India hasn’t been above making political use of Buddhism either. The most actively practising Indian Buddhists today are Dalits who feel the need to emphasise their rejection of Hinduism. But when we speak of Buddhism, we don’t mean Dr B R Ambedkar’s public conversion with 600,000 other Dalits. Nor do we refer to the Sri Lankan monk, Loknath, who dedicated his pamphlet, ‘Buddhism Will Make You Free’, to India’s “Depressed Classes.” Even less do we remember Rabindranath Tagore’s poignant poem, Pujarini, which describes how Ajatsatru, the 5th century BC Magadha ruler, exiled or executed anyone who dared to practise Buddhism.  Indian propaganda projects a dead faith as contemporary culture.

India isn’t the only country where Buddhism has been under attack. Although the number of self-confessed Japanese Buddhists and Shintoists add up to more than Japan’s total population, the 1868 Meiji Restoration denounced Buddhism as “a corrupt, decadent, anti-social, parasitic, and superstitious creed, inimical to Japan’s need for scientific and technological advancement.” The Meiji exalted Shintoism. China’s Confucianists, Taoists and officials resented the power of the tax-exempt sangha. Some claim Buddhism never fully recovered from the Tang Emperor Wu-tsung’s persecution in 845.

But as the Chinese are now demonstrating, Buddhism has always had its uses. Jawaharlal Nehru sent the last Chogyal of Sikkim, a rimpoche as well as the Mahabodhi Society’s president, to Lhasa in 1956, to invite the Dalai Lama to the Buddha’s 2,500th birth anniversary celebrations.  The invitation was informal enough not to indicate head of state ceremonial, but it did convey disapproval of the erosion of Tibet’s status. The Chinese retaliated by keeping the Chogyal waiting at the border, rejecting his international driving licence, and making him take a fresh test for Lhasa. When the Dalai Lama reached Nathu-la, a Chinese agent clipped a Chinese flag to his car.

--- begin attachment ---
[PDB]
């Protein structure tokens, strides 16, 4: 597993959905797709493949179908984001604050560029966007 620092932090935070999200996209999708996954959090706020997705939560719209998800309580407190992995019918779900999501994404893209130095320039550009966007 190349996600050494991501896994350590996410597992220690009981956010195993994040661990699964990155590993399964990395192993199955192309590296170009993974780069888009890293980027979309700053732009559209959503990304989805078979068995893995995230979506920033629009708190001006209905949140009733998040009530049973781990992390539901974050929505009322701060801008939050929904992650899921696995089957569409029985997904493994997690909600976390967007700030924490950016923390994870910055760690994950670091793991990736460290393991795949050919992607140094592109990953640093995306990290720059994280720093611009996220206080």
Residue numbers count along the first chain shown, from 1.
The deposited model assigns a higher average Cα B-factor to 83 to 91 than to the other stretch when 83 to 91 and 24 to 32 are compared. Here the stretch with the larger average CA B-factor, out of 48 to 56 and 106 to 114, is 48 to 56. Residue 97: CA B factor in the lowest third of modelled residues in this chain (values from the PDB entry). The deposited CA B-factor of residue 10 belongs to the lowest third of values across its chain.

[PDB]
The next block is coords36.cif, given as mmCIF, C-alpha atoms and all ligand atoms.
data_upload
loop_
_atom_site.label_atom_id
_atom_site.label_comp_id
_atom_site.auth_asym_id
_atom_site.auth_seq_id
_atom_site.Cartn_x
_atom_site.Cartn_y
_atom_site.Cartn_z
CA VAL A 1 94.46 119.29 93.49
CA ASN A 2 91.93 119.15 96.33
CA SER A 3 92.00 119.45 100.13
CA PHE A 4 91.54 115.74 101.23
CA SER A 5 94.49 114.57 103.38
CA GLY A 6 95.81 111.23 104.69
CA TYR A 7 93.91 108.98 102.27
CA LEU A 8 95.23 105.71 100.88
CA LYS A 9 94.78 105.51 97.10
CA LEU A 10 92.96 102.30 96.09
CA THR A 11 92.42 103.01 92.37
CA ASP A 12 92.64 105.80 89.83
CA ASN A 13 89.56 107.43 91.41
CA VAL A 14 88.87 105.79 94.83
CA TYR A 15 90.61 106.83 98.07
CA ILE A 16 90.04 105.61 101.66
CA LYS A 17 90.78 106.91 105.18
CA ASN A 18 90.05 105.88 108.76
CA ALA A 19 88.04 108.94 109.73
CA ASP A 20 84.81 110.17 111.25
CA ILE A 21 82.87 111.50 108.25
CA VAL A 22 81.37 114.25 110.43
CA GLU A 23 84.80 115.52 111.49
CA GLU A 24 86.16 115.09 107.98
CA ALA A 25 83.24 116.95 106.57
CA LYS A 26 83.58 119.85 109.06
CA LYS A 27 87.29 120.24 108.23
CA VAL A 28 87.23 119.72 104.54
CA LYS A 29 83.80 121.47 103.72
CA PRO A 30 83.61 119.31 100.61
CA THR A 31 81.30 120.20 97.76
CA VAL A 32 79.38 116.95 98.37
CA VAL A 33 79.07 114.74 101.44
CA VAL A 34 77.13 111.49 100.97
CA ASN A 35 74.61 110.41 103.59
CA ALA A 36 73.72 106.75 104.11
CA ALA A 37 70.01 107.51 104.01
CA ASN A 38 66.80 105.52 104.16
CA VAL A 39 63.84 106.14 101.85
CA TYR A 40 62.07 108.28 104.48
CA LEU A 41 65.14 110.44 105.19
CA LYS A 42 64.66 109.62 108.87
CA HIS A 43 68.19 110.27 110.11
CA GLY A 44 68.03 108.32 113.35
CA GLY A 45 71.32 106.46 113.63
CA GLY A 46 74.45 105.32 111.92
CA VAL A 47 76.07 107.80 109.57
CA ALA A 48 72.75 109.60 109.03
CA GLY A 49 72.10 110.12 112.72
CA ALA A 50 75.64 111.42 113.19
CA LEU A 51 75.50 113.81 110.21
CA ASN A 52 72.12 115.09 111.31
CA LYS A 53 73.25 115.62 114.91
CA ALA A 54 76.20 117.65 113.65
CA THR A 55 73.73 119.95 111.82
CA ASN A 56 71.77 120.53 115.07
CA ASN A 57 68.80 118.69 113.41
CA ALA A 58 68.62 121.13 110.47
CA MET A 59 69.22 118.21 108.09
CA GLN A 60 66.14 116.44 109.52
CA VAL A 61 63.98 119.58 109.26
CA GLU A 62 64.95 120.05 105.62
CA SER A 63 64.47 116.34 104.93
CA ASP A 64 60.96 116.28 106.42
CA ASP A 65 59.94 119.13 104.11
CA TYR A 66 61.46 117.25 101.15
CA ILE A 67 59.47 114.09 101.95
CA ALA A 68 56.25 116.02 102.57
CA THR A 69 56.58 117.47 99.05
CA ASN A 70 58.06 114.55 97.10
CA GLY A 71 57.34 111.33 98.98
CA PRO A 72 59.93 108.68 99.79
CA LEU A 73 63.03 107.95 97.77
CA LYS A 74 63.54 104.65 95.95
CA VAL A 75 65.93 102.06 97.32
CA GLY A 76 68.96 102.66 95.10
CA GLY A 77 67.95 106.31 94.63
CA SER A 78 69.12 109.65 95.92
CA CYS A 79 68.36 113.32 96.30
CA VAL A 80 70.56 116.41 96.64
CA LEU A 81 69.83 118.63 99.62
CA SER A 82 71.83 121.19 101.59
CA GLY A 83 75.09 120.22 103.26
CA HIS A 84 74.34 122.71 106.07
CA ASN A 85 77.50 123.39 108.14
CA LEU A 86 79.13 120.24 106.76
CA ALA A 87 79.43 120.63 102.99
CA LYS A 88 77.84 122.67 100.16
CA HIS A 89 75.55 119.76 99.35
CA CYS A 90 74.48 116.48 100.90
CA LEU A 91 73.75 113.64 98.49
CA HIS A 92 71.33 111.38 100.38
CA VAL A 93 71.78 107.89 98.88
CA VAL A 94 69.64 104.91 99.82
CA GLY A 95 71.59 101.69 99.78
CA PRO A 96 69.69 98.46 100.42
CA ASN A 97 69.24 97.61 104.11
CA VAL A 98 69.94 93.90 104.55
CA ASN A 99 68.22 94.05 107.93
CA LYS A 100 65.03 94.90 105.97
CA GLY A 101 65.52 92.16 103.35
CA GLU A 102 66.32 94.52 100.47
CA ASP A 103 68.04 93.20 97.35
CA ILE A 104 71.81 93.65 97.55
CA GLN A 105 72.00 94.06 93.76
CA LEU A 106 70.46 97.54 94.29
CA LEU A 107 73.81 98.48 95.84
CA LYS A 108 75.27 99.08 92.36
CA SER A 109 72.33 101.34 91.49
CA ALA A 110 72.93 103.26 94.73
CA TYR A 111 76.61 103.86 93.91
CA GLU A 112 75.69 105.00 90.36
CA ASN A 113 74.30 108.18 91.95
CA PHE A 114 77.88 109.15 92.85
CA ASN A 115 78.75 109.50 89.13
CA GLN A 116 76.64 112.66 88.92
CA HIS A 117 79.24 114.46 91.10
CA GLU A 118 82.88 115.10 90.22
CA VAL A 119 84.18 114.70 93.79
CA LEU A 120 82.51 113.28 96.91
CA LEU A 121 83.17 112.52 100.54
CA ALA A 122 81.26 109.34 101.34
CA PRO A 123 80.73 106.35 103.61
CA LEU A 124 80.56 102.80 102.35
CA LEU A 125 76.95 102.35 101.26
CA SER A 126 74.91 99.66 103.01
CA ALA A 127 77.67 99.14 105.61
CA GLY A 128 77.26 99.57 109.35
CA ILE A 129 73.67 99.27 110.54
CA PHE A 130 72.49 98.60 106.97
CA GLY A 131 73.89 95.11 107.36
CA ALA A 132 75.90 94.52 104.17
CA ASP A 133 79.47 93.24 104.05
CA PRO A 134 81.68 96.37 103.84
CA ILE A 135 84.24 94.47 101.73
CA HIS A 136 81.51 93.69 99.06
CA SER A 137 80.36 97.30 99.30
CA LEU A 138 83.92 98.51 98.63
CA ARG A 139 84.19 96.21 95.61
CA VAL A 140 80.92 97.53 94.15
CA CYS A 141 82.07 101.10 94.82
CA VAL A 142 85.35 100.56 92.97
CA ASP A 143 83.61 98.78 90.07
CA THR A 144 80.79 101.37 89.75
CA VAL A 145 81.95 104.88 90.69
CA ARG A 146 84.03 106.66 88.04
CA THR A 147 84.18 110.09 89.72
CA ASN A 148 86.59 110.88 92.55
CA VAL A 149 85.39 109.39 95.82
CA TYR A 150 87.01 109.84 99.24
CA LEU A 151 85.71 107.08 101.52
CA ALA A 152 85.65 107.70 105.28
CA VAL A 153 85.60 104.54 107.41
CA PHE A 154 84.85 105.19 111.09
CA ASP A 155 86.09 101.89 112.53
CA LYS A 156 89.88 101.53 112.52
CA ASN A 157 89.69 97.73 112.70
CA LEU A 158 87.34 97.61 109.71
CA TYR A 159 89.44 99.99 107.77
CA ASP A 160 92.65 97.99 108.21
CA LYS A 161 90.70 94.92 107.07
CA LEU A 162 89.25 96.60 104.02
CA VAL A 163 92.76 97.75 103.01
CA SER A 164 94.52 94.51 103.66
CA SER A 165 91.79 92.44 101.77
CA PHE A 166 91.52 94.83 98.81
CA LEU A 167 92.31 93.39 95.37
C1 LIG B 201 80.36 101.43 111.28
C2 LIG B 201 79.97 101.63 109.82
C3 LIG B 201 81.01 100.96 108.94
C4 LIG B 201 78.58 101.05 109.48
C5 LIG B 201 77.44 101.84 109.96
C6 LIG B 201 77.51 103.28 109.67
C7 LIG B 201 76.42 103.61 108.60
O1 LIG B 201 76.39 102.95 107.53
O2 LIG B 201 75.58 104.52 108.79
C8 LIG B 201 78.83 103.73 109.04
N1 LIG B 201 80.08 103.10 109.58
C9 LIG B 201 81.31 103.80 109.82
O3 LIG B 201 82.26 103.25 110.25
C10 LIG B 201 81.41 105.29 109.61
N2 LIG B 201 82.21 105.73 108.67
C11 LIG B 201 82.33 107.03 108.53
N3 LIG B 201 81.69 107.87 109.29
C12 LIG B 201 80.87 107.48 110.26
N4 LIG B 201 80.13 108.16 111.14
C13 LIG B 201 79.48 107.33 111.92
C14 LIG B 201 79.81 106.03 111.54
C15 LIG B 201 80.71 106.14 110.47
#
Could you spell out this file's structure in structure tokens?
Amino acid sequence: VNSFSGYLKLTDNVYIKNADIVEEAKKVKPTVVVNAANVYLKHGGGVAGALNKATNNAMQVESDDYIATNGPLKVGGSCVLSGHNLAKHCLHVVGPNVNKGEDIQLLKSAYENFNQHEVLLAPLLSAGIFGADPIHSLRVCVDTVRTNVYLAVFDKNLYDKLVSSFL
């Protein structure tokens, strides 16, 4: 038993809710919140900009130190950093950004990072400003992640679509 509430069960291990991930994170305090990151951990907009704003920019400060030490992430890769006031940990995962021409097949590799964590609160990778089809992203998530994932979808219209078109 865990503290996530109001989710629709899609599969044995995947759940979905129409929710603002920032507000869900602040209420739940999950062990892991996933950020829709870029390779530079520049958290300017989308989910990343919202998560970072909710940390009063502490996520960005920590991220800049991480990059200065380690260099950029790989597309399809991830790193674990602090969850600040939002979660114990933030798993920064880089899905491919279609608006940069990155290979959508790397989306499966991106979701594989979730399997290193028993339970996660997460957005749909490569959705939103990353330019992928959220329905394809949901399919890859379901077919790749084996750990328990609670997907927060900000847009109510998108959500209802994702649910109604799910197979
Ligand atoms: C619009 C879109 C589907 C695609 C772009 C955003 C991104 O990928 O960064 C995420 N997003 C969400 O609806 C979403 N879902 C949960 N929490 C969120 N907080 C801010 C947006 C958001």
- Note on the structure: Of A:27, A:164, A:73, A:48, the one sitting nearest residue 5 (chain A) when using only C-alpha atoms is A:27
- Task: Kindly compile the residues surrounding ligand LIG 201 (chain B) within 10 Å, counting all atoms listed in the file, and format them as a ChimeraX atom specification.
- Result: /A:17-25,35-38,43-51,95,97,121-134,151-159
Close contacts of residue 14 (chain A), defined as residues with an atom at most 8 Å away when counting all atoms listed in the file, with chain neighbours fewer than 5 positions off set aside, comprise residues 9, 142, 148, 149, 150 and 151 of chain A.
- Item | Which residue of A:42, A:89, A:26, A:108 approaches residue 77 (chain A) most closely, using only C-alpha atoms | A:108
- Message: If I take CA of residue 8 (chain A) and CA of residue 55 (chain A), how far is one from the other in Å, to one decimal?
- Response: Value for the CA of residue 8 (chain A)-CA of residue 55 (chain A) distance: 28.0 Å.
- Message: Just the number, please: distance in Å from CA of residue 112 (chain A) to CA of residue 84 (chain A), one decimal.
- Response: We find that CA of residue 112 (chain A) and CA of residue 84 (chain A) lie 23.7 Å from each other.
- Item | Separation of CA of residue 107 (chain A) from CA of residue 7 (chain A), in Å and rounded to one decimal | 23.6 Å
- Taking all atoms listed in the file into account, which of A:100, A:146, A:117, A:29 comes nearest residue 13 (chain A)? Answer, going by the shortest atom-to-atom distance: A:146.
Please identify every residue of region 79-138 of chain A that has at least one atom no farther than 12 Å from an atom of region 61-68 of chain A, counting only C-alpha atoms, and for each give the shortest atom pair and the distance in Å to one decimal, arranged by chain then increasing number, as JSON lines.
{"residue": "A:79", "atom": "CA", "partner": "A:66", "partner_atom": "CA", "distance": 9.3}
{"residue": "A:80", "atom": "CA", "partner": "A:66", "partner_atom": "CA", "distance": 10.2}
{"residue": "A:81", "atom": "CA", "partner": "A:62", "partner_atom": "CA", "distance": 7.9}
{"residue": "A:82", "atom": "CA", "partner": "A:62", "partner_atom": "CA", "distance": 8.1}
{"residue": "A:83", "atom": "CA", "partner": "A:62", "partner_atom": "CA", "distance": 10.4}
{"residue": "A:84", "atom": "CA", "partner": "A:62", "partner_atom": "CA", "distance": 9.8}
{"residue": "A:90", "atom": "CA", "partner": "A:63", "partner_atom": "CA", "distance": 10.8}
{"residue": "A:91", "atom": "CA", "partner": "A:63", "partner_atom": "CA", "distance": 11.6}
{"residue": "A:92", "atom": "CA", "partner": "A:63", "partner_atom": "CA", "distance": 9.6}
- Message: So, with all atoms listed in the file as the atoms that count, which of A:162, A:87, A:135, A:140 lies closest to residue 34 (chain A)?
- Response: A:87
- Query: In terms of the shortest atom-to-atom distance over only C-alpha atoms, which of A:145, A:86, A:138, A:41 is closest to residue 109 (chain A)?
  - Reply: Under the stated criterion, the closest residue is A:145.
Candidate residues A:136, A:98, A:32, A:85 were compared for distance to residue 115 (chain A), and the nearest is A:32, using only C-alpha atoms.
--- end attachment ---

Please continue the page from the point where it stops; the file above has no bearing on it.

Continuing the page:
The Indian Museum’s exhibition of 91 items of stone, wood, silver, parchment, silk and other materials is similarly expected to serve a diplomatic purpose when it is displayed in Shanghai from December to February, and for two months thereafter in Tokyo. After that, the exhibition (which includes the first piece of Gandhara carving) may go to Singapore and Thailand. In recent years, the Indian Museum has displayed in South Korea, Mongolia, Taiwan and Australia.

The global conference in Baoji promised to preserve Buddhism’s tangible and intangible heritage and protect and promote Buddhist culture and values. But obviously these pledges don’t apply to Tibet, where Chinese Red Guards destroyed most of more than 6,000 monasteries and where monks and nuns are subject to vicious discrimination. Tibetans yearn for the return of their exiled leader, the Dalai Lama. They mourn the mysterious disappearance of their rightful Panchen Lama, Gedhun Choekyi Nyima. They lament the persecution that forced the head of the Karma Kargyu sect, the 17th Karmapa Lama, to flee to India.

None of  this matters to China because as the old saying goes, it’s under the lamp one finds the greatest darkness. In any case, by projecting its supposed Buddhist identity, China is setting the stage to appoint its own Dalai Lama, as it has done with the Panchen Lama.